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Greg Bishop, Attorney of Park City, Discusses the Necessity of Flexibility, Mobility, and Strength During Retirement

Originally published on pulseheadlines.com

Although the terms "flexibility" and "mobility" are often used interchangeably, technically they have different – but related – meanings. From the perspective of body mechanics, flexibility refers to the ability of a muscle to stretch in response to some applied force. Muscle flexibility is completely passive because a muscle does not have the ability to lengthen itself; it can only contract. Mobility, on the other hand, refers to the capacity of a joint to move through a full range of motion without restriction or discomfort. Unlike muscle flexibility (which is passive), joint mobility involves active movement through muscle contraction. To illustrate, a person may have enough muscle flexibility to get very low when squatting a 200 lb barbell, but not enough joint mobility or muscle strength to get back up. Conversely, another person may have sufficient joint mobility and muscle strength to squat 200 lbs, but insufficient muscle flexibility to get low. Muscle flexibility, muscle strength, and joint mobility are each important in daily activities, but particularly so for older adults who want to preserve an independent lifestyle. 

A Quick Tutorial on Body Movement 

Bones are the skeletal structure that supports the body. Joints are located between the bones, and allow the skeletal structure to move in a flexible way. Each type of joint – hinge, pivot, and ball-and-socket – has a different range of motion. Bones do not touch each other directly. Rather, they are cushioned by cartilage, synovial membranes, and lubricating fluid. Skeletal muscles – also referred to as lean muscle mass – attach to bones via tendons. By contracting, muscles provide the force necessary to move the bones within the joint's range of motion. The brain controls the muscles, but its ability to coordinate voluntary movement is directly impacted by the capacity of the particular muscles, joints, and bones.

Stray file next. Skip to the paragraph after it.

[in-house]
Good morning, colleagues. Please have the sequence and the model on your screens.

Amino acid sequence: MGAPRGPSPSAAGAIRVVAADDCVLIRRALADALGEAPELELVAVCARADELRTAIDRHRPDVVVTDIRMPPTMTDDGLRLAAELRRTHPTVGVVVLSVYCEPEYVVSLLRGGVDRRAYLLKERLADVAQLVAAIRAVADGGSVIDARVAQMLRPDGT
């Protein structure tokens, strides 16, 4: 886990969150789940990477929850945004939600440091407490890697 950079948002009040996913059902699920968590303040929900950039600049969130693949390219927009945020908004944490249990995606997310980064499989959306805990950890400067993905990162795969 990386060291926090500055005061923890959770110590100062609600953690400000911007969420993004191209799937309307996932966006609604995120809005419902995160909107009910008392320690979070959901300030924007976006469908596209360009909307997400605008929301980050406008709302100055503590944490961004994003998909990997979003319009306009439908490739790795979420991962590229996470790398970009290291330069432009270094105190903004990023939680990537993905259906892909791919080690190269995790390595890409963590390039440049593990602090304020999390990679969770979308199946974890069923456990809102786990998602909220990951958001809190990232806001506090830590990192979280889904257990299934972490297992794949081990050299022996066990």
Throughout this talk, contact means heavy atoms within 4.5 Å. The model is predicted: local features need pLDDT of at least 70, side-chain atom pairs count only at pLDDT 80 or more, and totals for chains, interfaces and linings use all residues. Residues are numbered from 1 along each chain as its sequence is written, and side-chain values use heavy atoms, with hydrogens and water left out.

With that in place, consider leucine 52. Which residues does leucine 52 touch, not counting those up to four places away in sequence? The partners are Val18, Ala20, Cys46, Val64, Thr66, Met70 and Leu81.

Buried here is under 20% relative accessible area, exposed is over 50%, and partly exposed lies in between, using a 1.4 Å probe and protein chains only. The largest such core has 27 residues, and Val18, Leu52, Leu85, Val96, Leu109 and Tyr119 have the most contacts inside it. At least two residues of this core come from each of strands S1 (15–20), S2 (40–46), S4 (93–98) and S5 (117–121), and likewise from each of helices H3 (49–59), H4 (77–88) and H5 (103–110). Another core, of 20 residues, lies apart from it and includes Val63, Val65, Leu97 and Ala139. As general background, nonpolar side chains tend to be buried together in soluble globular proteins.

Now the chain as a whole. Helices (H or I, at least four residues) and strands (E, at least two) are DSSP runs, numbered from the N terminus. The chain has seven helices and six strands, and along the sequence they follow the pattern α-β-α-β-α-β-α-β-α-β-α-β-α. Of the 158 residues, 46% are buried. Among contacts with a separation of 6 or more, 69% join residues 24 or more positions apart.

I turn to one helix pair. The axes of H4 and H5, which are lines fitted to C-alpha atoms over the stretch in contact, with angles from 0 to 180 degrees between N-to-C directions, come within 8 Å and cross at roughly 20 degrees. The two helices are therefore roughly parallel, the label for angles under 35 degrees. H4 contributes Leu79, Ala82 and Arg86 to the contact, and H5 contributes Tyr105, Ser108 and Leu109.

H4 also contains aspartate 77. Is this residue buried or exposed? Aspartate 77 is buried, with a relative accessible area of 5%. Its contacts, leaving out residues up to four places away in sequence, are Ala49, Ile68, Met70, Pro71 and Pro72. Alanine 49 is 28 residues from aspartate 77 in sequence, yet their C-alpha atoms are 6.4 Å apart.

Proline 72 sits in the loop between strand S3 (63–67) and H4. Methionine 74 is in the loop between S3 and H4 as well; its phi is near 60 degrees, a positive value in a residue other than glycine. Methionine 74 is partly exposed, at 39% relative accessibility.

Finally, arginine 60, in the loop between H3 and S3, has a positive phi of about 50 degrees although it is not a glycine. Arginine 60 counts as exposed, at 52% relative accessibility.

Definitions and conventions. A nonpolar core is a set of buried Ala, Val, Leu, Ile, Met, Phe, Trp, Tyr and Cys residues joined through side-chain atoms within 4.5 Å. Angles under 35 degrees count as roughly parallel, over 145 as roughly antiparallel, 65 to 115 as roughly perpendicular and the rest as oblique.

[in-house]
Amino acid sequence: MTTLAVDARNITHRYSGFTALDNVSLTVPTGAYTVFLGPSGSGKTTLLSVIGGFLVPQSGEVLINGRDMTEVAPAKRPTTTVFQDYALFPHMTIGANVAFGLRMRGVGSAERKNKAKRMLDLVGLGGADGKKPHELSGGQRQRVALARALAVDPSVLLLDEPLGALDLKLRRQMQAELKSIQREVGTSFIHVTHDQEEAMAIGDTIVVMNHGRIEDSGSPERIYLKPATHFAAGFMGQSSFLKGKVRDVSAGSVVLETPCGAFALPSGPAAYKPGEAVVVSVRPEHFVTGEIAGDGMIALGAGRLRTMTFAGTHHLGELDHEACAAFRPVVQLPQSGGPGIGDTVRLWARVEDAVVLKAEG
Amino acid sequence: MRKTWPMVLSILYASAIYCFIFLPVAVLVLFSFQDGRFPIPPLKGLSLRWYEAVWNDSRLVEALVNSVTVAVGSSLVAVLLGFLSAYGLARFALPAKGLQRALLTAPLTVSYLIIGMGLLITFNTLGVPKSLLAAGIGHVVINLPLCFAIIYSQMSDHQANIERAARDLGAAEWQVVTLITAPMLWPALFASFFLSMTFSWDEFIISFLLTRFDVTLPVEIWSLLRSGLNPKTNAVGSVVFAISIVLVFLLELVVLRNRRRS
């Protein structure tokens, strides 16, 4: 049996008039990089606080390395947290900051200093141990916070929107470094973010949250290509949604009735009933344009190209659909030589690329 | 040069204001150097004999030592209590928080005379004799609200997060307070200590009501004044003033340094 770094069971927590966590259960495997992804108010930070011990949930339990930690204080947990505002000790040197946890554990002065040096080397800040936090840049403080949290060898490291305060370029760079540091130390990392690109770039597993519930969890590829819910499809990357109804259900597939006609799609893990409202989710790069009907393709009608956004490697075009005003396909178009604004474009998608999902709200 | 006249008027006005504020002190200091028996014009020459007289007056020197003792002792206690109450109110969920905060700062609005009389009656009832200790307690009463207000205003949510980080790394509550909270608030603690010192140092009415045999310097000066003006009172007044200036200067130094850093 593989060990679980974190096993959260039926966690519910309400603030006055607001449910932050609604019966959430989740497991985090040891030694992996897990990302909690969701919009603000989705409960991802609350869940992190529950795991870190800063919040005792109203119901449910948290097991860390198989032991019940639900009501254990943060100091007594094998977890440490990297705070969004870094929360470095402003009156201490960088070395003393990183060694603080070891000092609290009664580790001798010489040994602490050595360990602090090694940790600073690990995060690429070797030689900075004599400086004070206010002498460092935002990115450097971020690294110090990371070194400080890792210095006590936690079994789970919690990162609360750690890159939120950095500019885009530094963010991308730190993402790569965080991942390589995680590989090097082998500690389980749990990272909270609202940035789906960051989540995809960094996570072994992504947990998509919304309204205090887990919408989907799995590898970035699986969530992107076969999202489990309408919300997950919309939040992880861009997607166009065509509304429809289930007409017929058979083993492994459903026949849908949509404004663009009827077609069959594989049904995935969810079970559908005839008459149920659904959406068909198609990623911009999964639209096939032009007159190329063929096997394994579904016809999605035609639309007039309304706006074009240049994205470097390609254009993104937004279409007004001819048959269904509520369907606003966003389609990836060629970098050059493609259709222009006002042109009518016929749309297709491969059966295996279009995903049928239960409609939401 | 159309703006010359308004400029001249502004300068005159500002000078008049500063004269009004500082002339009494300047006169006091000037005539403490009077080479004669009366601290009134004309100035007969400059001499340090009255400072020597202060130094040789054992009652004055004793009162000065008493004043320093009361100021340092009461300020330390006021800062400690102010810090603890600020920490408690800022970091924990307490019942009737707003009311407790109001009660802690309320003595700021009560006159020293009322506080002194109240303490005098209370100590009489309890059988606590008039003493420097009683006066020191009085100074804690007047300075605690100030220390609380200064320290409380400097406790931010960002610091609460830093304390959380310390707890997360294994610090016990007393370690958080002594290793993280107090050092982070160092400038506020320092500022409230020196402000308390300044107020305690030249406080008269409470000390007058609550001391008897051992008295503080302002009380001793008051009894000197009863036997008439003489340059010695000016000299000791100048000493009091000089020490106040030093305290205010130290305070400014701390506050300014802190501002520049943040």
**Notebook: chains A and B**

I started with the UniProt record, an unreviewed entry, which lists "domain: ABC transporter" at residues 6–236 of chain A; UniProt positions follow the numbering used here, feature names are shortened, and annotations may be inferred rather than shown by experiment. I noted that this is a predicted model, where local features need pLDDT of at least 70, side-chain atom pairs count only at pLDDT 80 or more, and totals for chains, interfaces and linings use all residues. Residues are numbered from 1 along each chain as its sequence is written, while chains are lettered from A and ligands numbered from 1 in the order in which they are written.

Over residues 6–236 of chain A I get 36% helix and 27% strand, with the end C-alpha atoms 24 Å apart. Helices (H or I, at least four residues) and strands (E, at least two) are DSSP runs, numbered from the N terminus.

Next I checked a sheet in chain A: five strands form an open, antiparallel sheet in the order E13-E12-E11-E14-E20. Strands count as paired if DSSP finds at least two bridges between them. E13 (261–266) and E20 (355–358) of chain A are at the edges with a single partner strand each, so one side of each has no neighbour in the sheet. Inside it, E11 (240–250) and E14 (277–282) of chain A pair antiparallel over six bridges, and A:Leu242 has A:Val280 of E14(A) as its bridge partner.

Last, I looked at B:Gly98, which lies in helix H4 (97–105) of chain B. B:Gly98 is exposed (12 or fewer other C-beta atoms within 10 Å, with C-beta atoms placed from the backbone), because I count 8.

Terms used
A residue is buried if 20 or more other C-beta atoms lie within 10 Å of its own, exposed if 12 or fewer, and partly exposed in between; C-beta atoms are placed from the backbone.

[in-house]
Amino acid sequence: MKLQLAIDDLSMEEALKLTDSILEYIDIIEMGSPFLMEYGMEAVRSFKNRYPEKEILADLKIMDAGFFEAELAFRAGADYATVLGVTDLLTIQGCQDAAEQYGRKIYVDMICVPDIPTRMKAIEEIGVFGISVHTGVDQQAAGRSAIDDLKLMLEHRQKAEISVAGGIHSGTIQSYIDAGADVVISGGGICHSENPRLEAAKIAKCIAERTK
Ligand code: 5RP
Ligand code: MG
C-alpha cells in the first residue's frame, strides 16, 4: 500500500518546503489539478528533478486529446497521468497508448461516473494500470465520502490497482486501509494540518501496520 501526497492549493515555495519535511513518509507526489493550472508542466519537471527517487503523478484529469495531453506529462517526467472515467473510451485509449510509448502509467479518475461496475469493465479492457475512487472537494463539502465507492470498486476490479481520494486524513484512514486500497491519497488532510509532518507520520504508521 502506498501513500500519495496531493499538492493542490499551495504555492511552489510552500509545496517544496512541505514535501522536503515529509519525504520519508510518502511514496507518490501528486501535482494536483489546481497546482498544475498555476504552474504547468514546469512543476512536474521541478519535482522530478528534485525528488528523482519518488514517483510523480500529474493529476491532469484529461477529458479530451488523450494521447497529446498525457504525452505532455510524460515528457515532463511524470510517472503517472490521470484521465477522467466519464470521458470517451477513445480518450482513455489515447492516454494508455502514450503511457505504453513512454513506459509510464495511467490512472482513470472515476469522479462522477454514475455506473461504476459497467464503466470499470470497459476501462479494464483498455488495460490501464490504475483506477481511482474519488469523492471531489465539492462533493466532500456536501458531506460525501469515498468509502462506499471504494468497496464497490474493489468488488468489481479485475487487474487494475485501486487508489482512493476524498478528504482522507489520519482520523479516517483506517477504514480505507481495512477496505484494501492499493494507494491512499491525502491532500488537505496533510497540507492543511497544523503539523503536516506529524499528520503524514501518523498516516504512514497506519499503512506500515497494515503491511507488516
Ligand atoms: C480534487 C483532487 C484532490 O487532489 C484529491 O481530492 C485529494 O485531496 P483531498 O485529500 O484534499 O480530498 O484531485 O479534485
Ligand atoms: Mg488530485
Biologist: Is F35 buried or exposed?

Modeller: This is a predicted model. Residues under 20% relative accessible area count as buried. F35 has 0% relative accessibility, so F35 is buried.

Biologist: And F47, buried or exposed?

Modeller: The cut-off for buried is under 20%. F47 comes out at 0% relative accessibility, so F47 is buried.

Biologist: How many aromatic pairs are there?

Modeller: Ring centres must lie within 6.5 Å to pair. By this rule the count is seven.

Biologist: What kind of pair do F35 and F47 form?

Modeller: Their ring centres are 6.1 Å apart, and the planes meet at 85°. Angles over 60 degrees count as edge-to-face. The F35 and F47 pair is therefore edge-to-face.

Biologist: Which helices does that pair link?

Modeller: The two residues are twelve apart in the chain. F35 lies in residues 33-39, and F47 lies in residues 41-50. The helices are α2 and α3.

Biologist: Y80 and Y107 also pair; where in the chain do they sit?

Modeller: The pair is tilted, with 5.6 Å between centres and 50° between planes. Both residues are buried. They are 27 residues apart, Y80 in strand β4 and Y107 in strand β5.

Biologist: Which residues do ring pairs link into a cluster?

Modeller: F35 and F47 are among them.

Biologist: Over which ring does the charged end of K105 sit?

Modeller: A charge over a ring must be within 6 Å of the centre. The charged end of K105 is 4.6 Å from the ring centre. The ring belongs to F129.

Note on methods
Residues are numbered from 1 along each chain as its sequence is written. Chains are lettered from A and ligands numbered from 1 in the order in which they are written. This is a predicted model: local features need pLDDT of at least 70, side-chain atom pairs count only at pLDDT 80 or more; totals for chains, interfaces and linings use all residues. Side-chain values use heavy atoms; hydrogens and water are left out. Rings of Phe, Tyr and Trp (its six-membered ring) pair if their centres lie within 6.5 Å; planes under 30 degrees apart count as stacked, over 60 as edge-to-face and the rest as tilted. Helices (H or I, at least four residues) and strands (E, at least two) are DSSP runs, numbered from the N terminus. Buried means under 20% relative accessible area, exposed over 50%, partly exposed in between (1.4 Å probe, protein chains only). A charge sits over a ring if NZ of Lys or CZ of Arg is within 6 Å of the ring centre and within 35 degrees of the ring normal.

The Impact of Age on Joint Mobility

Regardless of general health, age-related changes in the joints affect most older adults, ranging from minor stiffness to severe arthritis. The Centers for Disease Control and Prevention report that 42% of people between the ages of 45 and 64 indicate they have arthritis or chronic joint symptoms. That percentage increases from 42% to 59% for those adults who are 65 years and older. With age, joint movement can become stiffer and less mobile because the amount of lubricating fluid inside the joint decreases, and the cartilage becomes thinner. Ligaments also tend to shorten and lose flexibility over time, which can also make the joints feel stiff. In addition, minerals may form in or around the joints (a process known as calcification), which is particularly common in the shoulder joint. Hip and knee joints may also lose cartilage due to degenerative changes. Regardless of the cause, however, joint stiffness restricts body movement, causing it to slow and become more limited.